A guide through the maze to financial education
Financial Guidance Center
Financial Guidance Center (FGC) is a nonprofit 501(c)(3) organization serving consumers throughout the State of Nevada. Established in 1972, FGC is a United Way member agency, approved by the Department of Housing and Urban Development (HUD) to provide all housing related services and is a member of the National Foundation for Credit Counseling (NFCC). The Mission of the FGC is to promote economic security through financially responsible behavior to all consumers, regardless of the ability to pay. Our Vision is to create a community culture of financial responsibility. Our Mission and Vision have remained steadfast through our years of existence and are at the core of all we do.
Money comes with no instruction.
We can go through high school, college, and graduate school and never take a class on personal finances unless it is chosen as an elective. Our families often have learned their financial lessons through the school of hard knocks. Most are reluctant to discuss their financial situation, even with those closest to them, so we end up perpetuating poor money habits.
CFED (www.cfed.org) provides an annual Assets and Opportunities Scorecard by state. Alas, Nevada is always bringing up the rear, most often receiving an overall grade of “F”. Individual statistics from the five core sections of Financial Assets and Income, Businesses and Jobs, Housing and Homeownership, Health Care, and Education include the following rankings for Nevada:
45th in the bankruptcy rate, per 1,000 people
36th in the liquid asset poverty rate
$8,328 household net worth average versus the US average net worth of $70,359
49th in the homeownership rate
51st in high-cost mortgage loans
50th in the unemployment rate
46th in the uninsured rate
49th in high school graduation rate
It is obvious how each poor ranking affects the ranking in other categories. The poor graduation rate affects the high unemployment rate, which has a direct effect on the uninsured rate.
What should be done to shift the tide and what, realistically, can be done?
Certainly, evaluating public policy can have a beneficial outcome. Gaining and accumulating assets will lead to financial stability for a household, yet we punish the very families who can benefit the most by placing arbitrary asset limitations on those who receive certain public benefits. More than 50 percent of Nevada households are liquid asset poor (cannot sustain their financial obligations for 90 days should their income cease for any reason) yet they cannot have more than $2,000 in savings for this program or more than $6,000 in savings for that program.
More so, we, as consumers, must become responsible for our own financial stability. We must educate ourselves and our family, understand our credit reports, ensure we pay our bills on time, pay ourselves first through savings, take advantage of employer investment opportunities such as investing in a 401(k), start our child’s college savings fund, become banked, and pursue higher education or vocational training.
Will this be an easy road to follow? Probably not. We all know good things do not come easily. Are there resources available to help begin the journey? There certainly are and our agency is one of those resources.
Financial Guidance Center (FGC) offers a plethora of services, programs, and resources. Searching for a class on budgeting and credit? Call FGC. Can’t open a checking account because of misuse of a previous account? Call FGC. Want to purchase a home and need to learn the process and locate financial assistance to help cover the cost of the down payment and closing costs? Call FGC. Want to understand your credit report and credit score? Call FGC. Listed below is information on just a few of the free resources and programs that will help you begin the journey to financial stability and self-sufficiency.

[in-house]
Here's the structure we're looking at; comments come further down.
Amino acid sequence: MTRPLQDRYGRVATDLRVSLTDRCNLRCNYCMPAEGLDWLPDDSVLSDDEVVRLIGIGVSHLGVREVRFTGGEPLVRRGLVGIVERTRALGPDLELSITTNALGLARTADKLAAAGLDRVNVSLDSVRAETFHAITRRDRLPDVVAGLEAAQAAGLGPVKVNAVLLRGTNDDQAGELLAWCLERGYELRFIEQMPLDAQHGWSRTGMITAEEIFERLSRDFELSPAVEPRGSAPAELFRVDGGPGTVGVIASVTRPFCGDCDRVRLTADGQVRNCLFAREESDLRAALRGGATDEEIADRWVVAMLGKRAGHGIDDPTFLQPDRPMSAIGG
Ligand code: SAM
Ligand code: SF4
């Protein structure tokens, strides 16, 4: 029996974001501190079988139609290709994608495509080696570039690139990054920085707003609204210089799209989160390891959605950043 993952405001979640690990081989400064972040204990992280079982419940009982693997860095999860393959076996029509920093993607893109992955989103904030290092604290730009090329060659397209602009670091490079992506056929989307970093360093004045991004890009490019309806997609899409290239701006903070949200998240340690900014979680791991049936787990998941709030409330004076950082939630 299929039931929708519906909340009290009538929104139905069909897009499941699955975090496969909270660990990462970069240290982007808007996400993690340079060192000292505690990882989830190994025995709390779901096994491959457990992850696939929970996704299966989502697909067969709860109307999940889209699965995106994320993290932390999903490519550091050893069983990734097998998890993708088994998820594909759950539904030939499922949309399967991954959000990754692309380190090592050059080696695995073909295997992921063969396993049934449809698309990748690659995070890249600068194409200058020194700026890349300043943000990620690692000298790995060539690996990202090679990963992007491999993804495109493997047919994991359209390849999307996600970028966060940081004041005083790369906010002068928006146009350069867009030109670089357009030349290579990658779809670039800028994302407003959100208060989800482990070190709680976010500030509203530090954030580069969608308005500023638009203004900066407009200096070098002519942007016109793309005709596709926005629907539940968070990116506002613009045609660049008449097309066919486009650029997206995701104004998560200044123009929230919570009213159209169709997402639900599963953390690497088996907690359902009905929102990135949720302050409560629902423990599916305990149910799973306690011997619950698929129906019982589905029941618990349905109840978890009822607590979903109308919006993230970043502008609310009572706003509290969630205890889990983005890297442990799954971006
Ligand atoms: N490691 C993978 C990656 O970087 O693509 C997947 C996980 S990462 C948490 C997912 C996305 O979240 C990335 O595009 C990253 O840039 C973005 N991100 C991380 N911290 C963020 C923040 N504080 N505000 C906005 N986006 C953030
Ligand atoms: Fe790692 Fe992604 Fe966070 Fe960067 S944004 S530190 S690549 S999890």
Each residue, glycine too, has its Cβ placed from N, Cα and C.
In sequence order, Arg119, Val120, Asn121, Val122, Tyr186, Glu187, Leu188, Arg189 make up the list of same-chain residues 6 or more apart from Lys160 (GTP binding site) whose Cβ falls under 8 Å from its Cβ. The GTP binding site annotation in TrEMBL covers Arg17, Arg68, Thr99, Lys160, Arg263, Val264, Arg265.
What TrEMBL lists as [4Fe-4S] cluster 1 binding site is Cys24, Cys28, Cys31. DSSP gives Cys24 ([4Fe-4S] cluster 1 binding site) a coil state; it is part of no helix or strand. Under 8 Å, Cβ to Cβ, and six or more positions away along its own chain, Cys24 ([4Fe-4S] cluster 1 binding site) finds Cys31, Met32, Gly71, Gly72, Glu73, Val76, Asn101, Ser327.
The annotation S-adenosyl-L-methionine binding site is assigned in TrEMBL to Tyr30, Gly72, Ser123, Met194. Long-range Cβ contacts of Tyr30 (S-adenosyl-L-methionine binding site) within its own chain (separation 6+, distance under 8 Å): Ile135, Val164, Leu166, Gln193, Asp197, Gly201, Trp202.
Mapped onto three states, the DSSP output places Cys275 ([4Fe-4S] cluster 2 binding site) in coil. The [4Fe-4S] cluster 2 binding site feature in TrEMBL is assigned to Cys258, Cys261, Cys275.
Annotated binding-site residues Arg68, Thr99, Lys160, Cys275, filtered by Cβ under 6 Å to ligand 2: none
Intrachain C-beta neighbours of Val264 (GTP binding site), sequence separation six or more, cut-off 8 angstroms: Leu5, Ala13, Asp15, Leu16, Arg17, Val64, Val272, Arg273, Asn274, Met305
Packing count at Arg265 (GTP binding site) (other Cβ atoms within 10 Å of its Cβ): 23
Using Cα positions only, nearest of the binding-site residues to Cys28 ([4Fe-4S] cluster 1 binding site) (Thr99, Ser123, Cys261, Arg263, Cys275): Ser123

Financial Counseling – no cost comprehensive financial counseling and coaching, dedicated to the consumer’s specific needs and anticipated outcomes.
Debt Management – assistance with establishing a viable repayment program, negotiating reduced interest rates to accelerate liquidation of debt.
Housing Counseling – working with the lender/servicer to negotiate a viable modification through formal partnerships with most major lenders/servicers.
Individual Development Account (IDA) – matched savings program.
Education IDA – participant can save a maximum of $500 over a minimum of six months and receive an 8:1 match grant. ($4,000 match grant for a $500 contribution). There are qualifications to be met as well as financial literacy and asset specific education requirements.
Micro-enterprise IDA – participant can save a maximum of $2,000 over a minimum of 10 months and receive a 2:1 match grant ($4,000 match grant for a $2,000 contribution). There are qualifications to be met as well as financial literacy and asset specific education requirements.
Down-payment IDA – participant can save a maximum of $5,000 over a minimum of 10 months and receive a 3:1 match grant ($15,000 match grant for a $5,000 contribution). There are qualifications to be met as well as financial literacy and asset specific education requirements.
Financial Guidance Center was established for the benefit of our consumers. Take advantage of our professional, unbiased, comprehensive service by reaching out to us today. Financial Guidance Center can be reached at 775-337-6363, 800-451-4505, or visit us at http://www.FinancialGuidanceCenter.org. We look forward to serving you.
Michelle Johnson is the president and CEO of Financial Guidance Center.
Reno’s median home price jumped to $413,405 in November, a 4 percent increase from the same month a year ago. Meanwhile, across greater Reno-Sparks, November’s median price of $400,000 remained unchanged from October.